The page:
An unsecured backup drive exposed thousands of US Air Force documents. The discovery was found in March. The files included the completed SF-86 applications for renewed national security clearances for two US four-star generals, both of whom recently had top US military and NATO positions.
The hacker "gained access to... login information and passwords" that employees use to access Virgin America's corporate network, according to a letter sent to staff. The company confirmed that 3,120 employees and contractors had their login information compromised, while 110 additional employees may have had personal information stolen.
Tax and auditing giant Deloitte has confirmed it was hit by a cyberattack, resulting in the theft of confidential documents and emails. It's said that an attacker gained access to the email server's administrator account, giving the attacker unfettered access to the company's Microsoft-hosted email mailboxes.
Font-sharing site DaFont was breached by a bored hacker in May. Usernames, email addresses, and hashed passwords of 699,000 user accounts were stolen in the breach. The passwords were so bad that more than 98 percent of the passwords were cracked.
More than 60 universities and US federal government organizations were compromised with SQL injections. The hacker, known as Rasputin, attacked Oxford, Cambridge, and New York University, as well as the US National Oceanic and Atmospheric Administration.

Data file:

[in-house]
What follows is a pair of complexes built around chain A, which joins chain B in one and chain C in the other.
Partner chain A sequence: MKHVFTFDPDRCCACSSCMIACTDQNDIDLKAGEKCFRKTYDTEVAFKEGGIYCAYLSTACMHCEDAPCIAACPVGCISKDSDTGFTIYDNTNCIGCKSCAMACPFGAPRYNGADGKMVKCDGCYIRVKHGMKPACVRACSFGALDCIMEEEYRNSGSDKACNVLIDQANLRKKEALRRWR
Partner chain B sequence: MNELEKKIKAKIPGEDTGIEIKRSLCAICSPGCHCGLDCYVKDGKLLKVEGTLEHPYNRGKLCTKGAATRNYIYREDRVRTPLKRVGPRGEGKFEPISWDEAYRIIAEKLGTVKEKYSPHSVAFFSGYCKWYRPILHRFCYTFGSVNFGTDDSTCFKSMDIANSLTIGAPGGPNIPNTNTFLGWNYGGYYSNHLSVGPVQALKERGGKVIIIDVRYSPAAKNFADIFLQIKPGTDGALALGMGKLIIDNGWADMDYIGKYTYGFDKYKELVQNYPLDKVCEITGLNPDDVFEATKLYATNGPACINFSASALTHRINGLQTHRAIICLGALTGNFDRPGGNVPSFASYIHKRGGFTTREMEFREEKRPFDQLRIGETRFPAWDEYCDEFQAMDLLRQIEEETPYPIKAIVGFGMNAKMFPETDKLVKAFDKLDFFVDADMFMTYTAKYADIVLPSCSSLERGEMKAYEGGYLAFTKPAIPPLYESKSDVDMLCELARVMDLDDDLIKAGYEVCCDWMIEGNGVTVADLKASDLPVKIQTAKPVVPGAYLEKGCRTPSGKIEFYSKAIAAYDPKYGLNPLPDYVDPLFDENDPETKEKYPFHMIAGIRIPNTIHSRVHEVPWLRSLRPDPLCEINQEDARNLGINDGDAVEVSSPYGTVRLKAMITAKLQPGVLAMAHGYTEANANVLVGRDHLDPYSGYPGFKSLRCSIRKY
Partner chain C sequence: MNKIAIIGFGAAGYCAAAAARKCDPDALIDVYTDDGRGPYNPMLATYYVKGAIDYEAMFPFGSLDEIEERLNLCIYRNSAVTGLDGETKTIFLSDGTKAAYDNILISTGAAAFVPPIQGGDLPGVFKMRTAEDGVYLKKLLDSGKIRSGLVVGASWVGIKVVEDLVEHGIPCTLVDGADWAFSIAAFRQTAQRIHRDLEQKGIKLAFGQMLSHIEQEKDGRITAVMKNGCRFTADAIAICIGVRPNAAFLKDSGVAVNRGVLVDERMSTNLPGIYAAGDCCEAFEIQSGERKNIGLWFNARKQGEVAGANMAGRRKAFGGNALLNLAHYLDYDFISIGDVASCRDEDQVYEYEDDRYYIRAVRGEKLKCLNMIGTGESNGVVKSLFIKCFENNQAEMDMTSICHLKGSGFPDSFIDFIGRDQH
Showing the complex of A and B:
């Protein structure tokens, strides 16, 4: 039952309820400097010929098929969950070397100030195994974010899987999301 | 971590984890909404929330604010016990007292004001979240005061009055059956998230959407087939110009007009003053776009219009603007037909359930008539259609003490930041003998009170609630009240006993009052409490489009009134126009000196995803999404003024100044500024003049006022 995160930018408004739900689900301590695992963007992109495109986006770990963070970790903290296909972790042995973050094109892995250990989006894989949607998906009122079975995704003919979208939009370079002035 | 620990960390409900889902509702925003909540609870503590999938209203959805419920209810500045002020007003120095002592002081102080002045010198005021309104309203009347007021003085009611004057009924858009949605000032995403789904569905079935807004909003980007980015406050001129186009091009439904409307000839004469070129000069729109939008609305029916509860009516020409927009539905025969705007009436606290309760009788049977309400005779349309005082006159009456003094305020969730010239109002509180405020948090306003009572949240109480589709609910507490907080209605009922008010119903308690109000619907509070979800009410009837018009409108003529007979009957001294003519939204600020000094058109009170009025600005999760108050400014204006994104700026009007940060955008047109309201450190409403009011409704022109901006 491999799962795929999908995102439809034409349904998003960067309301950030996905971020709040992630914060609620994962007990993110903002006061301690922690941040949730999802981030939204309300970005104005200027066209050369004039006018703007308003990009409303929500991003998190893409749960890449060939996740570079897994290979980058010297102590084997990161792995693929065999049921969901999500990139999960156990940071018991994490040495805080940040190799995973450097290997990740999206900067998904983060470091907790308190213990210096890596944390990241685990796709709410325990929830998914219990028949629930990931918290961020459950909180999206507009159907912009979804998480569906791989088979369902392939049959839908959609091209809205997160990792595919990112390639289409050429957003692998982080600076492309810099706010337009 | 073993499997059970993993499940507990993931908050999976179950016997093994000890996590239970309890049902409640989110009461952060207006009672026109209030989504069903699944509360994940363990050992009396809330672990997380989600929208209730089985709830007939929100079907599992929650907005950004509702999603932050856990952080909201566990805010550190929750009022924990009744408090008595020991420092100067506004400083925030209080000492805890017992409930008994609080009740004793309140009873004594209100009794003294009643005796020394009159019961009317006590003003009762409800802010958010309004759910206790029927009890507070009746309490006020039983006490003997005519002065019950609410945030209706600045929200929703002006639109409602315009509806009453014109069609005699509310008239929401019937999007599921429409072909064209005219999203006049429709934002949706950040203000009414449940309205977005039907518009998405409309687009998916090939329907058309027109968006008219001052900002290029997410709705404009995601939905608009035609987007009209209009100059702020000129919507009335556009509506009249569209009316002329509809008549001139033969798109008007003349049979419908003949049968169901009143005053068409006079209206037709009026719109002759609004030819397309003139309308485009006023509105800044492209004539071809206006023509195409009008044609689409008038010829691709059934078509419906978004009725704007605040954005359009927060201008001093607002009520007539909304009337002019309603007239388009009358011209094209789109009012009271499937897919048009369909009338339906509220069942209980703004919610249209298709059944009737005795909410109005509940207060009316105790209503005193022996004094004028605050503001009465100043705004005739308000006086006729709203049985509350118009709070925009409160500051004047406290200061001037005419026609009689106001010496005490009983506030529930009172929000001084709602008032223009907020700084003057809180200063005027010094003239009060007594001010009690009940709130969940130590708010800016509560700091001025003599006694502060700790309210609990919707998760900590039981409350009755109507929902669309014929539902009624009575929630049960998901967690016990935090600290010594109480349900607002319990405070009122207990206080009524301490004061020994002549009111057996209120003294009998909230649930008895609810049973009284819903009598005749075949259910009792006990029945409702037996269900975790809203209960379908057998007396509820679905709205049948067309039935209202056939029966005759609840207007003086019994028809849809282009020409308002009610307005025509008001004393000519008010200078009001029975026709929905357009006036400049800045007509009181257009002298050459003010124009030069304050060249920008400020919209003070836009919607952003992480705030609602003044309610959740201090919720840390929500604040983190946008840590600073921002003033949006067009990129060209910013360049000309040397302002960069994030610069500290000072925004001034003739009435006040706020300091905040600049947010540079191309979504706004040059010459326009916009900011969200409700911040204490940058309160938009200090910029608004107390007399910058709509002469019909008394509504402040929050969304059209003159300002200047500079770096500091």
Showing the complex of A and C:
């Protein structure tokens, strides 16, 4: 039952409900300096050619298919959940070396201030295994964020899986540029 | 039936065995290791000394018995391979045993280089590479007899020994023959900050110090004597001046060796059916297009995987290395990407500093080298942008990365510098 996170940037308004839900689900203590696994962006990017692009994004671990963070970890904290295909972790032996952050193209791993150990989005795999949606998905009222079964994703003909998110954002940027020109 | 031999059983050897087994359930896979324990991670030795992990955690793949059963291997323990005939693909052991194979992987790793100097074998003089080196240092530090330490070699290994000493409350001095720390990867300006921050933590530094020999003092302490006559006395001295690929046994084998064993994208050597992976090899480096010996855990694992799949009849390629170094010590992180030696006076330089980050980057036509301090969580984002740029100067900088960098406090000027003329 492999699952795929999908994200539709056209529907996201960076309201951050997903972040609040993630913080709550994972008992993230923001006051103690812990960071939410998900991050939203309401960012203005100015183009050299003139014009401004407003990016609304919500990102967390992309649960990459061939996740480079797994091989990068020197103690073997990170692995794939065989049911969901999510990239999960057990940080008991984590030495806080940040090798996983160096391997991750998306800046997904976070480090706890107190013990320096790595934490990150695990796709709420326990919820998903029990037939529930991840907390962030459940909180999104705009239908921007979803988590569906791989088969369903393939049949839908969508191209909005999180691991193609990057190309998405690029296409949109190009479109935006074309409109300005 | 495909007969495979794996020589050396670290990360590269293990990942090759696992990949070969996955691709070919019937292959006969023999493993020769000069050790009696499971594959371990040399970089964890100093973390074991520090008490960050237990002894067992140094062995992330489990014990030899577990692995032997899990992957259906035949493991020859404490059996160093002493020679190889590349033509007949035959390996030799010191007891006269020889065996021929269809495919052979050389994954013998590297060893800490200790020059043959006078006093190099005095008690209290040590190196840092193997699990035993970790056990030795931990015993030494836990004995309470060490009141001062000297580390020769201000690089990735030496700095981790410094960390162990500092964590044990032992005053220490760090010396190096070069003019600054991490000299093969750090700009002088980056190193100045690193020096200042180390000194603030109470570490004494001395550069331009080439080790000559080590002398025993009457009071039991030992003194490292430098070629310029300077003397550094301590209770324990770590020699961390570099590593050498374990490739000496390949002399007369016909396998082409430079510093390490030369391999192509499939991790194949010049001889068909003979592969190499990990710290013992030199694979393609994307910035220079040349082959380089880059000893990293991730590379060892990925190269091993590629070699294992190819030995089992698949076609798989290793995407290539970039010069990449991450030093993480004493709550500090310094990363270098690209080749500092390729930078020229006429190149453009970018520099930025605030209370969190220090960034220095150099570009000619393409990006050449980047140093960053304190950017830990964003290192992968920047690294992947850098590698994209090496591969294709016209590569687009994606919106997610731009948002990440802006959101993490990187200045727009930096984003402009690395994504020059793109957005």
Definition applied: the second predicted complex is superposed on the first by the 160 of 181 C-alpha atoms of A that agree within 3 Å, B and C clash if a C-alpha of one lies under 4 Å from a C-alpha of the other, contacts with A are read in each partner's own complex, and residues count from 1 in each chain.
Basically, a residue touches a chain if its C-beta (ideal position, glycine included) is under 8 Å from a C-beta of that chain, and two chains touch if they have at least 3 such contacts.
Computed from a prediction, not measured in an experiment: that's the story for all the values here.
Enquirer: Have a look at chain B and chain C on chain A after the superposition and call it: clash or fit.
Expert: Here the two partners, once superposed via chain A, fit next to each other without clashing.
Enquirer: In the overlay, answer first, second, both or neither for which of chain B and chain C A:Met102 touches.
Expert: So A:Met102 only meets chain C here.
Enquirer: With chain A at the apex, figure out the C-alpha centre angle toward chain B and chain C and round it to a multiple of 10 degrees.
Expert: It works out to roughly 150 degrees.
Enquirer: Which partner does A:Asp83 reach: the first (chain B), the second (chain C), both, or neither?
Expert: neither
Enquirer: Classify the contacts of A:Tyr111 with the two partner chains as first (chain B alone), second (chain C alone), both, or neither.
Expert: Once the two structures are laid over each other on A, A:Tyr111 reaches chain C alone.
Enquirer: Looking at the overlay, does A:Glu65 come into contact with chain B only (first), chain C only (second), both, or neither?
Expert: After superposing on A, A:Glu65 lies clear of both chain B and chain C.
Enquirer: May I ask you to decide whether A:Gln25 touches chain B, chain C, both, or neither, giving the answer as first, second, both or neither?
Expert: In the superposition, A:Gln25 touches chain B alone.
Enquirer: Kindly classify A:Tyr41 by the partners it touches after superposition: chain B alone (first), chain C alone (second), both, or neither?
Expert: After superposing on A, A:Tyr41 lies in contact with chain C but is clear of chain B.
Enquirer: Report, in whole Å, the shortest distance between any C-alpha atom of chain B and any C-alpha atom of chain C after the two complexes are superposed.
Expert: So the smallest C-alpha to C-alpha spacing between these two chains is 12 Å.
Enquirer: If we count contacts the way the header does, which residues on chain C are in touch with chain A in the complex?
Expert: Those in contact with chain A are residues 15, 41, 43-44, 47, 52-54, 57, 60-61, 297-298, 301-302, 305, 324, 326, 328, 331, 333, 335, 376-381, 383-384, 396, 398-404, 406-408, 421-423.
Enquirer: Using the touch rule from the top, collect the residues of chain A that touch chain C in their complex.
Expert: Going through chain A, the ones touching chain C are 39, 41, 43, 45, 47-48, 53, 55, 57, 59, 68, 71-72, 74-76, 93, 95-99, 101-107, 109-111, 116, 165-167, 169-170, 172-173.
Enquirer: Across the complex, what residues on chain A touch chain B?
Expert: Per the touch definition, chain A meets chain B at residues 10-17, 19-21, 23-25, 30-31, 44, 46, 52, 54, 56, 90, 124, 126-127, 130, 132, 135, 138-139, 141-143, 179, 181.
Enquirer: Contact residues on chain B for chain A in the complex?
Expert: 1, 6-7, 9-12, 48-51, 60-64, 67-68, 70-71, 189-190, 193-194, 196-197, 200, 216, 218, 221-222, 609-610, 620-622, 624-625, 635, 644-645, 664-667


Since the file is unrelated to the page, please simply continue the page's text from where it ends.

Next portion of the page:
It was the biggest hack that wasn't, but many were affected nonetheless. Hackers had collected hundreds of different previously breached databases and matched up records it thought were also iCloud accounts, and threatened to wipe millions of accounts if Apple didn't pay up. In the end, the hacker group failed to carry out its threat.
In April, every outdoor emergency siren in Dallas, Texas was set off at the same time, sending some into a panic. It turns out hackers carried out a "radio replay" attack, which involves recording the radio signal that was broadcast during the latest monthly test of the emergency siren system and playing it back repeatedly.
Password manager and single sign-on provider OneLogin was hacked in late May by an unknown attacker. The company added that although it encrypts "certain sensitive data at rest," it could not rule out the possibility that the hacker "also obtained the ability to decrypt data."